Dickson has recently argued that finds of spruce and larch in the Northern Isles are unlikely to have come as driftwood from Europe for two reasons; firstly, spruce and larch are only found well inland of any north European coastline and secondly, the major currents flow northeast from North America into the Barents Sea and not westwards from Europe (Dickson 1992).  It therefore seems most likely that North America was the source of much of the driftwood with the exception, of course, of the worked fragment of European larch.  Pine could, of course, have found its way from the Scottish mainland to the Shetland Isles on those northeasterly currents.

As samples from only Phases 2, 3 and Block 12 (Phase ?) have been examined it is difficult to comment on wood usage over time. All that can be said is that a mixture of heather, driftwood and local woods were exploited in Phases 2 and 3.  Only heather is present in Block 12.
 

Radiocarbon dating

S. No. 707 has been requested for radiocarbon dating.  It contains 23 gr of pure Calluna charcoal.  Caution needs to be exercised when using Calluna for radiocarbon dating because of the possible presence of `old' Calluna in peat turves.  However, at Scalloway, two samples of Calluna have already been dated, the results of which accord well with the site stratigraphy, suggesting that the source was upper turves rather than deep-cut peat. I would therefore recommend this sample for dating.
 

References

Bennett K D, Boreham S, Sharp M J & Switsur VR  1992  `Holocene history of  environment, vegetation and human settlement on Catta Ness, Lunnasting,  Shetland', Journal of Ecology, 80, 241-273.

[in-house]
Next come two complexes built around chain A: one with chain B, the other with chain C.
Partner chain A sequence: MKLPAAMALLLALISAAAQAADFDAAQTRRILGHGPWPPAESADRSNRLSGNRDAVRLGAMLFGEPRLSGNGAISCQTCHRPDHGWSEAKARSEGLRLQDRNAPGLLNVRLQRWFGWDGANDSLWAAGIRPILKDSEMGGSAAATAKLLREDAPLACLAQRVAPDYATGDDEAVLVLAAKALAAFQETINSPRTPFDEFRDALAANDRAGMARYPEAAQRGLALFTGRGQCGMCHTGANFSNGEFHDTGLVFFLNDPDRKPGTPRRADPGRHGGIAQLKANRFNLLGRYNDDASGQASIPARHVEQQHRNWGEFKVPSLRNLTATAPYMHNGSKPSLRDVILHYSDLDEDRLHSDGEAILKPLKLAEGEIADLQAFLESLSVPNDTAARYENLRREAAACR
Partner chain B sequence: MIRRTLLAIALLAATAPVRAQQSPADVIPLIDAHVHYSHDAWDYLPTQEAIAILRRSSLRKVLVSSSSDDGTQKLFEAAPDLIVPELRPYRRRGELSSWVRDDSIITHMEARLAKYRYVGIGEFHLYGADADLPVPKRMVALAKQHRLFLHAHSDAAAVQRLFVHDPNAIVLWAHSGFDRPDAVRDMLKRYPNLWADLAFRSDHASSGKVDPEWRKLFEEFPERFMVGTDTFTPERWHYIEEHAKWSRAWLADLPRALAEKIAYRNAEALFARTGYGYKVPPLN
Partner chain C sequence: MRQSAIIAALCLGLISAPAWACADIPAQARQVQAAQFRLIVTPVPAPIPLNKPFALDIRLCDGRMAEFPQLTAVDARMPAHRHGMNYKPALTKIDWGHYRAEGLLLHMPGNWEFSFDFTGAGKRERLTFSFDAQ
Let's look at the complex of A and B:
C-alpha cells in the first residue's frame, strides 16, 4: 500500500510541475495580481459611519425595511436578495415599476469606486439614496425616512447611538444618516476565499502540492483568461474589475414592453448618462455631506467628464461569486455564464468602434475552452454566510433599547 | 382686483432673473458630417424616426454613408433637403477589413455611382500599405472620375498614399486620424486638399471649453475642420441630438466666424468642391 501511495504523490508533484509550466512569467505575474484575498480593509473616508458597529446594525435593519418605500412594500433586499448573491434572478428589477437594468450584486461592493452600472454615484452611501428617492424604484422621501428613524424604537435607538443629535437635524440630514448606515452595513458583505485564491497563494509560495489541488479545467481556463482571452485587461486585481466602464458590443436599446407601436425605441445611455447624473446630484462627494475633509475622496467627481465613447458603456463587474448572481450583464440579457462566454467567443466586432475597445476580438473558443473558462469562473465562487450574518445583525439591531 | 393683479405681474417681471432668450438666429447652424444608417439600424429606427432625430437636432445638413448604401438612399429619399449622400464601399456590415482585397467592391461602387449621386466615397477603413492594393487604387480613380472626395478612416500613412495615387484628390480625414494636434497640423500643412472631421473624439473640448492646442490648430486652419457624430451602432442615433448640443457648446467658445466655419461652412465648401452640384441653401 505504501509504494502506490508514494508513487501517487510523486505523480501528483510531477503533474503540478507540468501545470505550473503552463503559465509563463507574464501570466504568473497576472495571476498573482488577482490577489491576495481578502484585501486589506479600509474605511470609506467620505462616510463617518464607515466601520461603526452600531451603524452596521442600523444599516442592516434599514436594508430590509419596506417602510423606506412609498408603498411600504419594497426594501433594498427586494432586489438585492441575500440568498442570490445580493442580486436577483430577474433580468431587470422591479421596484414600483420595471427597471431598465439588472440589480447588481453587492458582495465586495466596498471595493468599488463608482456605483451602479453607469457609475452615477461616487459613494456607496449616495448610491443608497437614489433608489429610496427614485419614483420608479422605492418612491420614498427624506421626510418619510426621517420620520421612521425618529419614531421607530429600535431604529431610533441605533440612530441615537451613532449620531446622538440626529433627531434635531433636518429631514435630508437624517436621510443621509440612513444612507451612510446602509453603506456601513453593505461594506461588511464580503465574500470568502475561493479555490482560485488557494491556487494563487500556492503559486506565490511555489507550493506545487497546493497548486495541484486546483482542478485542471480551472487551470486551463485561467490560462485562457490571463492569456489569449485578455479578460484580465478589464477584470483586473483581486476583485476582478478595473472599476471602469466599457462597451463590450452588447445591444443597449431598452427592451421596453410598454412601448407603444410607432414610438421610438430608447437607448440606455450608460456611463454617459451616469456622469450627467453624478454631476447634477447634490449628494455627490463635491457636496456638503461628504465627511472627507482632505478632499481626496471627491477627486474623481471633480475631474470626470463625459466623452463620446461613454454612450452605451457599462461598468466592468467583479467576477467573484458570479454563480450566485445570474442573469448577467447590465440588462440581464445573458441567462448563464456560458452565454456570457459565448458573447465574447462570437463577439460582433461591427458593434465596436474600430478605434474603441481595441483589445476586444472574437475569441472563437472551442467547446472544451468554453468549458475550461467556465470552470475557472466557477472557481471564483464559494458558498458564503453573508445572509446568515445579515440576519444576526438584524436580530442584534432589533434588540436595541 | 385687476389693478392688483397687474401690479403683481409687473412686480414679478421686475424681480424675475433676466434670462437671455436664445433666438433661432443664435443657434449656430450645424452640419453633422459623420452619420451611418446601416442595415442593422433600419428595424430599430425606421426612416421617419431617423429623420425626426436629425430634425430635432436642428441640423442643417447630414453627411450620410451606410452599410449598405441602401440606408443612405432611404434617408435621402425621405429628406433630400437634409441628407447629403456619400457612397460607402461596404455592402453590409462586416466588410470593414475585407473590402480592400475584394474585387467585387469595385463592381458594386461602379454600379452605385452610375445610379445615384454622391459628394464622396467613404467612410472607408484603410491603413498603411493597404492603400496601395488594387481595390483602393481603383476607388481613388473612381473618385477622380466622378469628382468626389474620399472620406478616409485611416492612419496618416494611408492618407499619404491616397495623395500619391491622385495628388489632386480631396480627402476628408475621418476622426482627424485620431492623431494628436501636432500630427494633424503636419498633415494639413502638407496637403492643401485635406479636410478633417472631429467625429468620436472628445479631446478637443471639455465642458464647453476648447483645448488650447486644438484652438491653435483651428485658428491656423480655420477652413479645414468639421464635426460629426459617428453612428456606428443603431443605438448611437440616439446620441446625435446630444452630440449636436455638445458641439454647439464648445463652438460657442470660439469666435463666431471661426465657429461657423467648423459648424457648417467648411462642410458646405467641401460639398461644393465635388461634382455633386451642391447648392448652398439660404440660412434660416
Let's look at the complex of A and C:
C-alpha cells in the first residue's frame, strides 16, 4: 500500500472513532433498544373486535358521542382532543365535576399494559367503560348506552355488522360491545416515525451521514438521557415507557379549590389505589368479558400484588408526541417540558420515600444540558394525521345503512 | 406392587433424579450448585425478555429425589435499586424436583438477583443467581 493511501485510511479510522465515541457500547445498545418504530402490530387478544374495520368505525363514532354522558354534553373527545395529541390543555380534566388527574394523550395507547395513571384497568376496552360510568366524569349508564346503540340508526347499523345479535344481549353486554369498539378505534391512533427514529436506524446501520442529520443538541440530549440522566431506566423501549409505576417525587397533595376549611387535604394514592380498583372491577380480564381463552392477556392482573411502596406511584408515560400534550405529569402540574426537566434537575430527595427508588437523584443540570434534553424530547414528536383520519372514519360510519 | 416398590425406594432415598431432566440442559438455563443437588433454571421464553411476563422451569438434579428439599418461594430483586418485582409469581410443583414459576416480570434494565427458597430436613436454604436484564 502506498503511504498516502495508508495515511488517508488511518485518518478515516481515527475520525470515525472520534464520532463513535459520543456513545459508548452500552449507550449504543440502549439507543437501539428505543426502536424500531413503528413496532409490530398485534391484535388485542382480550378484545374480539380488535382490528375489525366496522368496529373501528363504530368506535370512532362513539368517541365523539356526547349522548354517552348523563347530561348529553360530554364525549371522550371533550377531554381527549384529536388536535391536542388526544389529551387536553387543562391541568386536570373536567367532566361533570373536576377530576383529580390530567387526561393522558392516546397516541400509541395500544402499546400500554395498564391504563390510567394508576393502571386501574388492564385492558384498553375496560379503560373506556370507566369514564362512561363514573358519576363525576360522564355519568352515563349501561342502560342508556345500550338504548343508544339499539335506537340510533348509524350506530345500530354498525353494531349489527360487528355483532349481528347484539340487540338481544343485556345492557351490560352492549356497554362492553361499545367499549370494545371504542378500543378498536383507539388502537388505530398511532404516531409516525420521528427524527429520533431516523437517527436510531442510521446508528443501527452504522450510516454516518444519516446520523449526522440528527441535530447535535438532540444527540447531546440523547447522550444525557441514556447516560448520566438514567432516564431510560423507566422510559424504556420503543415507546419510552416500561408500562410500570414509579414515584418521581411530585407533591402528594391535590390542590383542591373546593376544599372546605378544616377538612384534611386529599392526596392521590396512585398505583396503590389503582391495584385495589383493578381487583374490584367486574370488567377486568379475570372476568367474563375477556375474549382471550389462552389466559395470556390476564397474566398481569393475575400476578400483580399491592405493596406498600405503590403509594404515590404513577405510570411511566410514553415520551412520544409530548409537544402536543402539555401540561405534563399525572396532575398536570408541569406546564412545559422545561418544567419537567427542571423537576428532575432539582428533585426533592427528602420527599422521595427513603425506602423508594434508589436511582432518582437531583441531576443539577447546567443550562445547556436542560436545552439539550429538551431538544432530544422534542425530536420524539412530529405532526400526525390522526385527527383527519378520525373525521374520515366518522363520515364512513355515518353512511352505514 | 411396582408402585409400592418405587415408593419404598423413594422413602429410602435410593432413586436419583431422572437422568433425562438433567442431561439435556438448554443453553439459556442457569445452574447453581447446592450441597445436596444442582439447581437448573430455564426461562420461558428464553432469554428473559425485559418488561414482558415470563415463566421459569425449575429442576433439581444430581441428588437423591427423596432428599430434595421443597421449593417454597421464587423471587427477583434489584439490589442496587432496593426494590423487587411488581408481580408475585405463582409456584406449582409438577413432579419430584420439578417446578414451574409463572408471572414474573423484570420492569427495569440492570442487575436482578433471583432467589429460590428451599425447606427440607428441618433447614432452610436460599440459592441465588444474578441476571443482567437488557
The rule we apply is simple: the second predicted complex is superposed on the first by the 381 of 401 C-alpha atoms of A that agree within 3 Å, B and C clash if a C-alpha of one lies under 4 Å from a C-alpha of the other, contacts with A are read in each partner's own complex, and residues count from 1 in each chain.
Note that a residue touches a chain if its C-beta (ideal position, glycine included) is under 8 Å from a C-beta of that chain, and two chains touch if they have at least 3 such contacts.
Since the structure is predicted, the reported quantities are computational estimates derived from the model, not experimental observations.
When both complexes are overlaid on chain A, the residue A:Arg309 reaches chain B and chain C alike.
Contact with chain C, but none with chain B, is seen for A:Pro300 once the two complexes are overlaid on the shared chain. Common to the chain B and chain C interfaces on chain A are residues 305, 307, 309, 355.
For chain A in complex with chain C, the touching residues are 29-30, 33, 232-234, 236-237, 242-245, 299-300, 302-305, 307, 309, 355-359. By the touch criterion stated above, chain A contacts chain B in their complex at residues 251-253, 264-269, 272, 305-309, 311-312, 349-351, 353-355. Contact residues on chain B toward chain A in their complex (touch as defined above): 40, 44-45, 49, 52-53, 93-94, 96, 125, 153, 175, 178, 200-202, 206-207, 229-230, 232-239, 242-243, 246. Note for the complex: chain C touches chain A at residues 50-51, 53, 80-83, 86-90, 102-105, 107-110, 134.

Berry R J & Johnston J L  1980  The Natural History of Shetland. London: Collins

Crone B A (unpubl)  `Tuquoy; the waterlogged wood'.

Dickson J H  1992  `North American driftwood, especially Picea (spruce), from  archaeological sites in the Hebrides and Northern Isles of Scotland'  Review  of Palaeobotany and Palynology, 73 (1992), 49-56.
 
 


Table 1 Catalogue of wood species present

Context

Block

Species

Quantity

Comments

620

6.2

Calluna vul.

100%

 

707

6.4

Calluna vul.

100%

 

673

6.6

Calluna vul.

50%

 

673

6.6

Coniferae

50%

Fragments too small to id

35

7.1

Calluna vul.

100%

 

539

7.2

Calluna vul

50%

 

539

7.2

Larix

present

Fragments too small to id

549

7.2

Larix sp.

2

 

578

7.2

Calluna vul.

100%

 

608

7.2

Calluna vul.

100%

 

732

7.2

Calluna vul.

5

Fragments too small to id but

   

Larix sp.

4

majority are coniferous

28

7.3

Calluna vul.

100%

 

616

7.3

Pinus syl.

5

 

616

7.3

Frax. ex.

1

 

616

7.3

Pom. cf Sorbus

1

 

616

7.3

Calluna vul.

present

C14 dated

616

7.3

Larix decidua

artefact

 

16

7.5

Larix sp.

3

1 frag 3.2 x 2.4 x 1.0 cm

16

7.5

Salix sp.

3

 

16

7.5

Calluna vul.

0

 

680/r25

7.5

Calluna vul.

99%

C14 dated

680/r25

7.5

Pinus sp

present

 

680

7.5

cf. Larix sp.

7

 

680

7.5

Salix sp.

2

1 frag 2.75 x 2.0 x 1.0 cm

680

7.5

cf. Picea

1

 

738

7.5

Calluna vul.

90%

 

738

7.5

Larix sp.

2

Majority of small frag are coniferous

749

7.5

Calluna vul.

50%

 

749

7.5

Larix sp.

2

Majority of small frag are coniferous

760

7.5

Larix sp.

3

Fragments too small to id

760

7.5

Calluna vul.

3

 

773

7.5

Calluna vul.

99%

 

773

7.5

Quercus sp.

1

 

773

7.5

Larix sp.

1

 

773

7.5

Pinus sp.

1

 

432

9.2

Calluna vul.

100%

 

59

12.3

Calluna vul.

100%

 

64

12.3

Calluna vul.

100%

 

76

12.4

Calluna vul.

100%

 

77

12.4

Calluna vul.

100%

 

78

12.4

Calluna vul.

100%

 

150

12.4

Calluna vul.

100%